The Computer HIstory Museum

Amazing trip through time and evolving "Thinking Tools" visiting The Computer History Museum, courtesy of Rocktboom: daily internet culture Blog and YouTube Channel.

Ellie Roundtree from Rocketboom visits the Computer History Museum.

What a wonderful museum... See the Exhibit:

Internet History to learn more about the transformation and timeline of what we now know as "the internet", which became part of the infrastructure we can't go without. So much so, that we now take the internet and access to web content, to be a human right. Author Nicholas Carr explored a historical analogy with electrical utilities replacing in-house generators in his book: The Big Switch. Rewiring the world, from Edison to Google. (We read excerpts of it in class with adult English students and they loved the stories it brings forth).

Pity that Carr prefers to support Encyclopaedia Britannica, by hitting on Wikipedia and cricizing the quality of volunteer Web 2.0 information, and the blogosphere... Reading the Wikipedia page on Nicholas Carr, it informs that Carr became a member of the Editorial Board of Advisors of Encycloaedia Britannica in 2008. In any case, his critique was dealt with constructively by Wikipedia's leaders, and has therefore contributed to some quality improvements. Proof that: debating different perspectives in civilized ways can pave the way to new findings and improvements.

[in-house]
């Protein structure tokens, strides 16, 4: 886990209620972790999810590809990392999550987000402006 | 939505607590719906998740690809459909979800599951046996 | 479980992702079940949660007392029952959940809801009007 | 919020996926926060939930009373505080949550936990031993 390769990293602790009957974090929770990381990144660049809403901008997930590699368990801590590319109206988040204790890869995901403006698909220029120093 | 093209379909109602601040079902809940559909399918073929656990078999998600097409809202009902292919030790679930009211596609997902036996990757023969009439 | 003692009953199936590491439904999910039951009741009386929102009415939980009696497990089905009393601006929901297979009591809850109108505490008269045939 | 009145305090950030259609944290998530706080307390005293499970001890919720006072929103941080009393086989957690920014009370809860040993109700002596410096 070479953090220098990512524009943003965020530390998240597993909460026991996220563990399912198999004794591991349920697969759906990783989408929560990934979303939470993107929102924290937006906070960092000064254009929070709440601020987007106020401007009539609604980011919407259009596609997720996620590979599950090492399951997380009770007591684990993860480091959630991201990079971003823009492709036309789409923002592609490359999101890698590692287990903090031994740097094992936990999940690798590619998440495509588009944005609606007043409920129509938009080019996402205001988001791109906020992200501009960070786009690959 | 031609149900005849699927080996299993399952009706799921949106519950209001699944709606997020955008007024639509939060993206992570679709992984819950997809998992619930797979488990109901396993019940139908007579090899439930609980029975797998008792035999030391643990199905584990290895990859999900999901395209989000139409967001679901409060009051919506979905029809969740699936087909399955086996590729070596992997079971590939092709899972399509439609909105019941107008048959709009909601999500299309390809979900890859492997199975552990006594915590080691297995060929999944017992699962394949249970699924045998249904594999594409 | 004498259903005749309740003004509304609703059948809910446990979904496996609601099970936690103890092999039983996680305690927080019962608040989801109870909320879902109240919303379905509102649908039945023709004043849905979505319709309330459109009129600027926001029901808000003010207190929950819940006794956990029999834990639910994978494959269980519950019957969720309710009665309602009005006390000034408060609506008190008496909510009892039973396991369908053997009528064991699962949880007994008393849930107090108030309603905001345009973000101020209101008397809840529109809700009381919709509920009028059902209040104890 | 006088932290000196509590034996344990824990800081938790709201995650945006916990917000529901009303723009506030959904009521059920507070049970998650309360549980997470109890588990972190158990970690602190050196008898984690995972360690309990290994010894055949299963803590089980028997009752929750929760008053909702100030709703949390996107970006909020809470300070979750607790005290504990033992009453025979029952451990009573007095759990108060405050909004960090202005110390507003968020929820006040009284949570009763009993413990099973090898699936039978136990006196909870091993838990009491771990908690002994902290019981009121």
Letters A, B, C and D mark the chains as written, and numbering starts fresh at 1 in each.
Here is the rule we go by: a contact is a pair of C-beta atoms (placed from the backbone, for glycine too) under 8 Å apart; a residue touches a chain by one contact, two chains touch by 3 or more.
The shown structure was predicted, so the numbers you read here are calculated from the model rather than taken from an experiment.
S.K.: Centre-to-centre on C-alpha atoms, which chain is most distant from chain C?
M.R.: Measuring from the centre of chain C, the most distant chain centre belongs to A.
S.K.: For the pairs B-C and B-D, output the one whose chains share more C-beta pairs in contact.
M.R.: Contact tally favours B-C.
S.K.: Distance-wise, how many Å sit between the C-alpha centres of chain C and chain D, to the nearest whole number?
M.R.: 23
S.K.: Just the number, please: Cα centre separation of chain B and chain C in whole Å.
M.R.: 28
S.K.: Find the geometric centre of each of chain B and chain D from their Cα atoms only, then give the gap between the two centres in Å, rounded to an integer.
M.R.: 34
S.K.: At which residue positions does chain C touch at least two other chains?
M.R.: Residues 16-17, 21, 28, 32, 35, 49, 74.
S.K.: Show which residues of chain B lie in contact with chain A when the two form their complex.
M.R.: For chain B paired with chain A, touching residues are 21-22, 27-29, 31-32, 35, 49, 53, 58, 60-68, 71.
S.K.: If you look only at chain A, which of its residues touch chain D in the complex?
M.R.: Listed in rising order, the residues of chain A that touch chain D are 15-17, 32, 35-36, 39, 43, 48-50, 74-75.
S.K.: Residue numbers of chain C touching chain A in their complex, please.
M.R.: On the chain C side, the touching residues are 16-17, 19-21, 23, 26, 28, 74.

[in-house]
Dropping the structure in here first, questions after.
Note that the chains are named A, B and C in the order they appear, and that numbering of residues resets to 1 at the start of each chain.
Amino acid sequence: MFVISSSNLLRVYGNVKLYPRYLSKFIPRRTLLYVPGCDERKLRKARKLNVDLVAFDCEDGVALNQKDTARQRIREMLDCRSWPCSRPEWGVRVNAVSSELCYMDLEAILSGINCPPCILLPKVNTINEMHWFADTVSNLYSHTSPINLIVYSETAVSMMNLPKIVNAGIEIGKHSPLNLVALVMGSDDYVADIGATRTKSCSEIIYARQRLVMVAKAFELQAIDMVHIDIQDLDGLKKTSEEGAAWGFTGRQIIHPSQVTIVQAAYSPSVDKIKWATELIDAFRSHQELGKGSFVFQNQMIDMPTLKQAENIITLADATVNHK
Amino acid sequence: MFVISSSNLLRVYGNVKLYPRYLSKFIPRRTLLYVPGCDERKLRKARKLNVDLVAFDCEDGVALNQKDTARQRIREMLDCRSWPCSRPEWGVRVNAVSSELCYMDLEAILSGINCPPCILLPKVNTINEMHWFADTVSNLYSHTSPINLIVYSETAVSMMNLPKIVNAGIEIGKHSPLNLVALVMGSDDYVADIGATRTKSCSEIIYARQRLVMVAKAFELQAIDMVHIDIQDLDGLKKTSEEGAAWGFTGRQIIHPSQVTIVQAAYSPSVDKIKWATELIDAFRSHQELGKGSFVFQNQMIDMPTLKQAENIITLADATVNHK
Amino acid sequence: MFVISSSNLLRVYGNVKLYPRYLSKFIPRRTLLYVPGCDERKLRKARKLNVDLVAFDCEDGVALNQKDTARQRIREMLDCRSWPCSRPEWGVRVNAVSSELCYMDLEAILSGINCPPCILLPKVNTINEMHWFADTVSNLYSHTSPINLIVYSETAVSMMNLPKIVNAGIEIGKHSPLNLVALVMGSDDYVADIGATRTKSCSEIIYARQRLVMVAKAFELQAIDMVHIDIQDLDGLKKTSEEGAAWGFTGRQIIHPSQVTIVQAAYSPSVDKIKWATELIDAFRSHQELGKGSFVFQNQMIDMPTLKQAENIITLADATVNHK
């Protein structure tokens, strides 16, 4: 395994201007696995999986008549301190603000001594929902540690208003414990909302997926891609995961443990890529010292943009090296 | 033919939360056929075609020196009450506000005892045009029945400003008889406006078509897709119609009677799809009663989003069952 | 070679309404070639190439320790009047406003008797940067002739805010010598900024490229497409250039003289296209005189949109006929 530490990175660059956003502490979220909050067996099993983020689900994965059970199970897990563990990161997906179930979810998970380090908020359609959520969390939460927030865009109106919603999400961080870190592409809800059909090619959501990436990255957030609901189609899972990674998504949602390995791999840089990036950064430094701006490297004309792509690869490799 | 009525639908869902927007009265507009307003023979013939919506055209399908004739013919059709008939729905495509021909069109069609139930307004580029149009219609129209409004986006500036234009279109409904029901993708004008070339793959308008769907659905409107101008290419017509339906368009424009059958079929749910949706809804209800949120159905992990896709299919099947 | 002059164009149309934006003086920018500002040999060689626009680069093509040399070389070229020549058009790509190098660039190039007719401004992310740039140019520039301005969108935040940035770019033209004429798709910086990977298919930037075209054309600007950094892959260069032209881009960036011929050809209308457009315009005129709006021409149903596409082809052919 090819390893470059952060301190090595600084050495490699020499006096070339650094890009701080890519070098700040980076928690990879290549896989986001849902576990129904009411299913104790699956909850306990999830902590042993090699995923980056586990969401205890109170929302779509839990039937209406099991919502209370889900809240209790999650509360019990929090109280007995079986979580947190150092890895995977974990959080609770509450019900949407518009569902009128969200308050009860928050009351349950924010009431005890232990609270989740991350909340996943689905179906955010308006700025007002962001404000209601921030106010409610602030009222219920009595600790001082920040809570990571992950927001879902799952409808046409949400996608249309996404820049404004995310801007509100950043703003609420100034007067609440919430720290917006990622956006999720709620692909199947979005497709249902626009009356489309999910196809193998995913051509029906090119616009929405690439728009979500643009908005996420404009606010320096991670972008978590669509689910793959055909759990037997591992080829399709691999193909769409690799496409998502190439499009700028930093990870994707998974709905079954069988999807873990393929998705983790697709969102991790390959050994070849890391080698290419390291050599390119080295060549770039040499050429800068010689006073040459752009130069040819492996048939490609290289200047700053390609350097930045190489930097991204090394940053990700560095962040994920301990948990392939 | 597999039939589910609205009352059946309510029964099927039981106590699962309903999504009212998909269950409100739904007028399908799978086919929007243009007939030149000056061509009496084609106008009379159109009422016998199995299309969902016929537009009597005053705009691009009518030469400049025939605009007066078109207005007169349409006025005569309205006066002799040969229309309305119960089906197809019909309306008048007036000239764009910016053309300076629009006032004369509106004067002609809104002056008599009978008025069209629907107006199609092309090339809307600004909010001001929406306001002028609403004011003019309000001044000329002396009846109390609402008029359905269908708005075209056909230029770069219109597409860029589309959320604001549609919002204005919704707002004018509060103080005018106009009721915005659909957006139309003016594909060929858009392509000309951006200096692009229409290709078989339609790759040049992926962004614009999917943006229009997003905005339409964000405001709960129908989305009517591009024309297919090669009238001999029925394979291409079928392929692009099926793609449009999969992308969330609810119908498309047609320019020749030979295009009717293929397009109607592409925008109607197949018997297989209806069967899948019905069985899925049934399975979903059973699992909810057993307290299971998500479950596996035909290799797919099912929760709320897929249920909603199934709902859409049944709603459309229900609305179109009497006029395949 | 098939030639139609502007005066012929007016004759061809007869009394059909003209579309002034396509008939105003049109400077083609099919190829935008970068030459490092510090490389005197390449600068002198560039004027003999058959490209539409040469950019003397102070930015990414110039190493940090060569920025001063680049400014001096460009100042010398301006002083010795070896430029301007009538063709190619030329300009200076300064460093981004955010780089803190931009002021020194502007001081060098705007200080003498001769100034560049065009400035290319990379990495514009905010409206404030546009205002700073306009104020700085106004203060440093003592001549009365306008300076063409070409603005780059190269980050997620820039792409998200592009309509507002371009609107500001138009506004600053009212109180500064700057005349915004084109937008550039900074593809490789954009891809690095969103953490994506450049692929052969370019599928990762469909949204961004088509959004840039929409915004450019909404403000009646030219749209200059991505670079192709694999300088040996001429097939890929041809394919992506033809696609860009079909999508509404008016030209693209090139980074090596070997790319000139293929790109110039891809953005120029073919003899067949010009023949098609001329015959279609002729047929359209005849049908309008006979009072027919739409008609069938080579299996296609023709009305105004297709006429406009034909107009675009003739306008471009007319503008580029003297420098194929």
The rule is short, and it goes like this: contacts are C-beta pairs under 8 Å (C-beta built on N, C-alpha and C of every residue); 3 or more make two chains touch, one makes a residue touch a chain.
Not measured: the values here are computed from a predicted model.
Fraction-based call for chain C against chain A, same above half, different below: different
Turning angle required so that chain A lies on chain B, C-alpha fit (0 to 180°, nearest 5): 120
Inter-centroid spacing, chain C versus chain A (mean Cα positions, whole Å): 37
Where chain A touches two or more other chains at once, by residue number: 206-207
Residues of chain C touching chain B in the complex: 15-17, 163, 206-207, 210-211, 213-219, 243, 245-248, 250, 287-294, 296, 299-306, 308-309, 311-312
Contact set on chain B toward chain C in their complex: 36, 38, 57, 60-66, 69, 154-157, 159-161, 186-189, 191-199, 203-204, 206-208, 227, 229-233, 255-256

Wikipedia also leads us to another interesting debate, that of Nicholas Carr and author Yochai Benkler: well... more like a bet really. So far blogging has proved not to be "a fad", quoting The Guardian: "So the wager is half-on. Bookmark Carr's site for 2011. If, of course, blogging proves not just to be a fad." 2011 is not too far away. What do you think about this: will peer production processes or will price-incentivized systems... lead the majority of the contents on the web? in any case... "does it matter"?

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